I’ve been working with a cross-functional team recently and had the pleasure of sitting in on their big presentation last week.  It was thrilling to watch their respective bosses sit up, open their eyes, nod their heads, and take copious notes.  The team managed to convey their key findings and recommendations in such a way that the senior leaders approved them without any need for the dreaded “further discussion and review.”  It was a walk-off, bottom of the ninth home run.  For you hockey fans, it was a five-on-three tick tack toe.

Are you looking for that kind of result?  Then I have a few tips for you.

1. Lure them in.  If you are not overly pressed for time, the best way to engage your audience is to prime the pump.  Find a relevant and creative set-up that gets them focused on your key concepts.   Think of an old-school camera that is out of focus until you manually adjust the lens.

2. Create EWPs (Emotional Word Pictures). How can you spice up your delivery so that each sentence carries the weight and the texture of what you truly want your audience to experience? The team did a great job of making their audience feel the pain of the “current state” to the point where everyone in the room was getting uncomfortable. They did not soft-pedal the problems and took the time to build their audience’s investment in their recommendations.

3. Incorporate all three “appeals:”  There are only three ways to engage your audience to the point where they will agree with your position:  the mind, the heart, and the muscle.  If you incorporate step #2, then you have engaged their heart.  If you craft an easy-to-follow presentation with just the right amount of data and the fewest number of PowerPoint slides, then you can engage their minds.  This particular team spoke for twenty minutes and presented 12 slides, four of which were image slides, three were data slides, and one was a title slide. Pretty impressive (I’ll let you do the math on how many bulleted slides they used). To get the muscles activated you must clearly articulate why your ideas are worth implementing.  Don’t just share the what and the how.  Those are important, but without the “why” you will never meet your goals.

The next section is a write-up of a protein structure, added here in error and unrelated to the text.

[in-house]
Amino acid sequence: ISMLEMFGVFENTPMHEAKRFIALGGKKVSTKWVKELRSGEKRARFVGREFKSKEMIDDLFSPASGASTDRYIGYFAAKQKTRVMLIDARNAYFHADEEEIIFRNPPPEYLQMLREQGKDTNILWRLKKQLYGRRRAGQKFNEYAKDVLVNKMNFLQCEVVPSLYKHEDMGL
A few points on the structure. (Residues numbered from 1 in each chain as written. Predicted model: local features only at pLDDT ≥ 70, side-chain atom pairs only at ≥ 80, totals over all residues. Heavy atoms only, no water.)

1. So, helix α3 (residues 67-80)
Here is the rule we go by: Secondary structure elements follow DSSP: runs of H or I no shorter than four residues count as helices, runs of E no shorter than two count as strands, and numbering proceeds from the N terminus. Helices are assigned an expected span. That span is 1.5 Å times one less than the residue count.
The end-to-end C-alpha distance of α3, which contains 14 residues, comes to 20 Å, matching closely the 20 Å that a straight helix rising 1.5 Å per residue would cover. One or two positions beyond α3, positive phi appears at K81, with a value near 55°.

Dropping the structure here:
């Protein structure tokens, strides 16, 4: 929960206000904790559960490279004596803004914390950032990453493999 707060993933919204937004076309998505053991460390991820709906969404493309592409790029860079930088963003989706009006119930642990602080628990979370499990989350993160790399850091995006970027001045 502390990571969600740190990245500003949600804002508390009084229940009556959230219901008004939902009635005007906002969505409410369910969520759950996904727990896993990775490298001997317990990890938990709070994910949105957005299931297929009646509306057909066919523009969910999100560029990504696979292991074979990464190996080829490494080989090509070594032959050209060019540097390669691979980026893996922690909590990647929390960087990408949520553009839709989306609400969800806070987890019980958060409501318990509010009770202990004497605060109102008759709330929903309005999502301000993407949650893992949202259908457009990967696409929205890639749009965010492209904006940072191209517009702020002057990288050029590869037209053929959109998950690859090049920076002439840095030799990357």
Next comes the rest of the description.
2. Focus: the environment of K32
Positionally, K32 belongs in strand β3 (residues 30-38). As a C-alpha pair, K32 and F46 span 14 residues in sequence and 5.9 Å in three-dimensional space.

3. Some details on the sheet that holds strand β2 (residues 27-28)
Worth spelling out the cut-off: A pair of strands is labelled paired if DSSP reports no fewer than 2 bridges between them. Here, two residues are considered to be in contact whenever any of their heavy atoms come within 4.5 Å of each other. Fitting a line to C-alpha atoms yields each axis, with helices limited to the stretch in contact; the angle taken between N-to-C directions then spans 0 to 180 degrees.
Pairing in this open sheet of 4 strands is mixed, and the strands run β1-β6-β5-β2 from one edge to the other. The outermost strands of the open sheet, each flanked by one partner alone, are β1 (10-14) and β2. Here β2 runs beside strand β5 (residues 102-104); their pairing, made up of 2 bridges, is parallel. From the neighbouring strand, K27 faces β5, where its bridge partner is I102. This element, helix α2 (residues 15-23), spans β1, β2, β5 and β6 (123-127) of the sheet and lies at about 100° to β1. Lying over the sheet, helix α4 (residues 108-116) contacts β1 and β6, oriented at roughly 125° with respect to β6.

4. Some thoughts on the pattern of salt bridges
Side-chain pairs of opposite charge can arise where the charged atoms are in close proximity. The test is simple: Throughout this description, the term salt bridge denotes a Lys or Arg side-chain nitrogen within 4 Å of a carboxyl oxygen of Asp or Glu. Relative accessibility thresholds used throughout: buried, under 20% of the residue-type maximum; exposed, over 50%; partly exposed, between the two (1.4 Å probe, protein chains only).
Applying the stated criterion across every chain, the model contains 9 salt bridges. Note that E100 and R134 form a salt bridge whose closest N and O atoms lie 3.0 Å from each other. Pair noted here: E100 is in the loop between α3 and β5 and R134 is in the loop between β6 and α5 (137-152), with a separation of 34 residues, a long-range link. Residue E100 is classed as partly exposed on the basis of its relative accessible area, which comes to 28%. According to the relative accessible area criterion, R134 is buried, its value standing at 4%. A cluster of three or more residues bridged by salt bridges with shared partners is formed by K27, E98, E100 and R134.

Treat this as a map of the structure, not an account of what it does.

4. Use your voice to focus your audience.  One of the best things this team did to maintain the rapt attention of their audience was to pause silently at a few critical points in their presentation. You could hear a pin drop, the room was so silent. The other thing they did was to use their vocal pacing to emphasize key points. They slowed down when they reached the core findings and then sped up when they wanted to get the audience energized around recommendations.

Using any of these strategies will up your game. All four, done well, will enhance your career.

– Barbara